Have you ever tried to download R on the operating system LINUX? Good luck with that!
Did I succeed? That is a good question, and depends on what you consider a “success”.
Did I install R? Yes, I did. Did I get a full picture of what is going on? No, I did not.
The big problem is that I am not a LINUX user but a Macintosh user. So why did I do that? Because I wanted to shed some light on the Linux world and try to explore it!
The first disturbing fact I learned is that LINUX isn’t a single operating system, like WINDOWS, but what we call Linux is, in reality, a LINUX KERNEL which is a Unix-like operating system. UNIX is an operating system commonly used in internet servers and the Linux Kernel is a UNIX clone initially written by Linus Torvalds and added to with the help of thousands of developers.
I quickly understood that Linux, alias Linux Kernel by itself, while powerful, is pretty much useless. It is like an engine of a car – the problem is that you do not drive an engine: it is the main part of an automobile but it is pointless without all the other parts of a vehicle. For this reason, Linux must be tied up with a collection of utilities and interfaces called DISTRIBUTION (nickname “Distro”) that is just an operating system having as a foundation the Linux kernel.
Now, almost six hundred Linux distributions exist – yes, you are reading right, this is not a typo – and I was completely lost on which one to use. So, I asked around and was told that my best choice would be the UBUNTU distribution because:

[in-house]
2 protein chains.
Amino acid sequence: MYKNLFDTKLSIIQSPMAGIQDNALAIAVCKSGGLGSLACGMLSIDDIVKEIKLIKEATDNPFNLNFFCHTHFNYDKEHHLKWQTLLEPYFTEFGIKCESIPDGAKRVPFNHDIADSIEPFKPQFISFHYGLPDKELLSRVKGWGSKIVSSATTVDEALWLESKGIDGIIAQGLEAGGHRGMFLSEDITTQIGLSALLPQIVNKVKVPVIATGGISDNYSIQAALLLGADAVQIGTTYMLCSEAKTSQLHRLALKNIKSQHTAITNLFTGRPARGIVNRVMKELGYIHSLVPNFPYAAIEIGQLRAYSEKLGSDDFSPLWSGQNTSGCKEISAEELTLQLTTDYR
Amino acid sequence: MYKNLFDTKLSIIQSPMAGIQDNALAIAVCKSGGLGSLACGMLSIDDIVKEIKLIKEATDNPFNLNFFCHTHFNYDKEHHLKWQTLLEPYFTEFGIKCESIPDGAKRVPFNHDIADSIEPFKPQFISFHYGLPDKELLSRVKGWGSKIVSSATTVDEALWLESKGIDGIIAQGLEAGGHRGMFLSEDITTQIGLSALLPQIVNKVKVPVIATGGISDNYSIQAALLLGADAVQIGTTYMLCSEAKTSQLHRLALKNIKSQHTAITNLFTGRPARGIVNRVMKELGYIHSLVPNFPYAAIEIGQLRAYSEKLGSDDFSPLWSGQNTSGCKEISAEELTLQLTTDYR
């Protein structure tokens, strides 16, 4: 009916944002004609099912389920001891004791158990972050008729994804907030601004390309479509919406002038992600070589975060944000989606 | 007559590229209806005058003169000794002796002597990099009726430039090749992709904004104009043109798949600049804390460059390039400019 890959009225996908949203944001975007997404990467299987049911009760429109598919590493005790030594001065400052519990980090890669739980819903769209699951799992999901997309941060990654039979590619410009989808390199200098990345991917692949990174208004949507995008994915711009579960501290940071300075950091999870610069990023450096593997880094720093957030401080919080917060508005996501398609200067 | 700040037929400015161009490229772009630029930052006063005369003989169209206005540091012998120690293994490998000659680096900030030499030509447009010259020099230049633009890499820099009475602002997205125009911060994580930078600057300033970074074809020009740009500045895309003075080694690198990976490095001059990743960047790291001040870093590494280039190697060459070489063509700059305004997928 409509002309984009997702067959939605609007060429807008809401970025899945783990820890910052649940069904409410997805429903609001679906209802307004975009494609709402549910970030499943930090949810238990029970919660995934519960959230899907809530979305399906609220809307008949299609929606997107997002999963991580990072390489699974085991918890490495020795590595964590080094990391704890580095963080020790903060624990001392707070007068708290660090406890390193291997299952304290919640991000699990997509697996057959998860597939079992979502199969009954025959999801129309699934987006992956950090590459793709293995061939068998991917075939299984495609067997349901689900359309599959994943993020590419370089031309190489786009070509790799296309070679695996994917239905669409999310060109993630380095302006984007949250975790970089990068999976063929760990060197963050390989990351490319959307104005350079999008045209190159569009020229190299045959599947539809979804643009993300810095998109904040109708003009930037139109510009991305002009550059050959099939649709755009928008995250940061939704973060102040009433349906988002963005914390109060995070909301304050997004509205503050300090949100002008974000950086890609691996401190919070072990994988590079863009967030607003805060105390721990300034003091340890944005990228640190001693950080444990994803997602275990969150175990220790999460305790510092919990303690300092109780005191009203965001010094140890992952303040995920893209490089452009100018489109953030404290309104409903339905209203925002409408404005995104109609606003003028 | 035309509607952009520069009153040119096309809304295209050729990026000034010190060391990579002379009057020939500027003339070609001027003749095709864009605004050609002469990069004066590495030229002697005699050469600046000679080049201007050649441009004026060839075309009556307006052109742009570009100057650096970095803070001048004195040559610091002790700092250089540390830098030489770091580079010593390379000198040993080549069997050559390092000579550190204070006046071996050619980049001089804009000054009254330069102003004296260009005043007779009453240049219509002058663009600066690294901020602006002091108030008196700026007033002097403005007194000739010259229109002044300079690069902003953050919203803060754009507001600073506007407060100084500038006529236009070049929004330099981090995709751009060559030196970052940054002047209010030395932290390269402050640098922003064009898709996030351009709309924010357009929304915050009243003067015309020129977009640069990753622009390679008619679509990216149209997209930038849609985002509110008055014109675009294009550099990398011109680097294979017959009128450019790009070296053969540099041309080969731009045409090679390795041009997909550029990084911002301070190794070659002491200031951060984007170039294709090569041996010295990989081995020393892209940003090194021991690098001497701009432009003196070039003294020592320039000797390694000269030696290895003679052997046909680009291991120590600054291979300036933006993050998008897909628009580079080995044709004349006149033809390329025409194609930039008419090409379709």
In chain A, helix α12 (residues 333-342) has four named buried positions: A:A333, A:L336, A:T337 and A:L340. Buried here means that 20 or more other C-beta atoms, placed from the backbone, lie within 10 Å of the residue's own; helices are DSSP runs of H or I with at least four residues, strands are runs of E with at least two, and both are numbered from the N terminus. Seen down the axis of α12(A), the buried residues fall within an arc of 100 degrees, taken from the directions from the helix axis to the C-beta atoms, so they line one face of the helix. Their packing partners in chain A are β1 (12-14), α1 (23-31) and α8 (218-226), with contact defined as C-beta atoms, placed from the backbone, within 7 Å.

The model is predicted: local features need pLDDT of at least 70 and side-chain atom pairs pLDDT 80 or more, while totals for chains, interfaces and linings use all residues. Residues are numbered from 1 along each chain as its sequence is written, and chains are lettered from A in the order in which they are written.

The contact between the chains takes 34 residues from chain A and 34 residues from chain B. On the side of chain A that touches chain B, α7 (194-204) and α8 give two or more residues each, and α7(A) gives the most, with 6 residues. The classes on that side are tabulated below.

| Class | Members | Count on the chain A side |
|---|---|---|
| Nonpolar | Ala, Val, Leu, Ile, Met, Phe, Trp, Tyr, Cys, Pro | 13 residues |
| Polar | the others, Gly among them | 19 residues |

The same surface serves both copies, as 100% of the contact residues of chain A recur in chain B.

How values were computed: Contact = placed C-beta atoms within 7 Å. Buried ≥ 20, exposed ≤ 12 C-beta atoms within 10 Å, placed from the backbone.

- it has a great interface,
- it can be used without reading a manual, and
- Linux applications run smoothly on it.
OK – this was good, so I was happy….but I had to find a computer operating with Linux running Ubuntu, and I tried but couldn’t.
I couldn’t quit. I was determined to complete my task, so a friend advised me to install a VIRTUAL MACHINE, an emulation of an operating system, on my laptop so that I could directly work on Linux. I did install a virtual machine on my portable computer and I did download Ubuntu 16.04 (the latest version) on it and all the updates.
Of course, this was not easy and I had help. Finally, I was able to download R and R Studio on Ubuntu following the guidelines I found on the DATA SCIENCE RIOT website.
(I could clearly list here all the commands necessary to download R but this would mean rewriting a post that is not mine.)
So, at the end of my journey, did I learn more about Linux? I surely did, but I feel more ignorant though because the more I read about Linux more I realized my lack of knowledge about it. However I believe this is a shared feeling among lifelong learners, as we all are.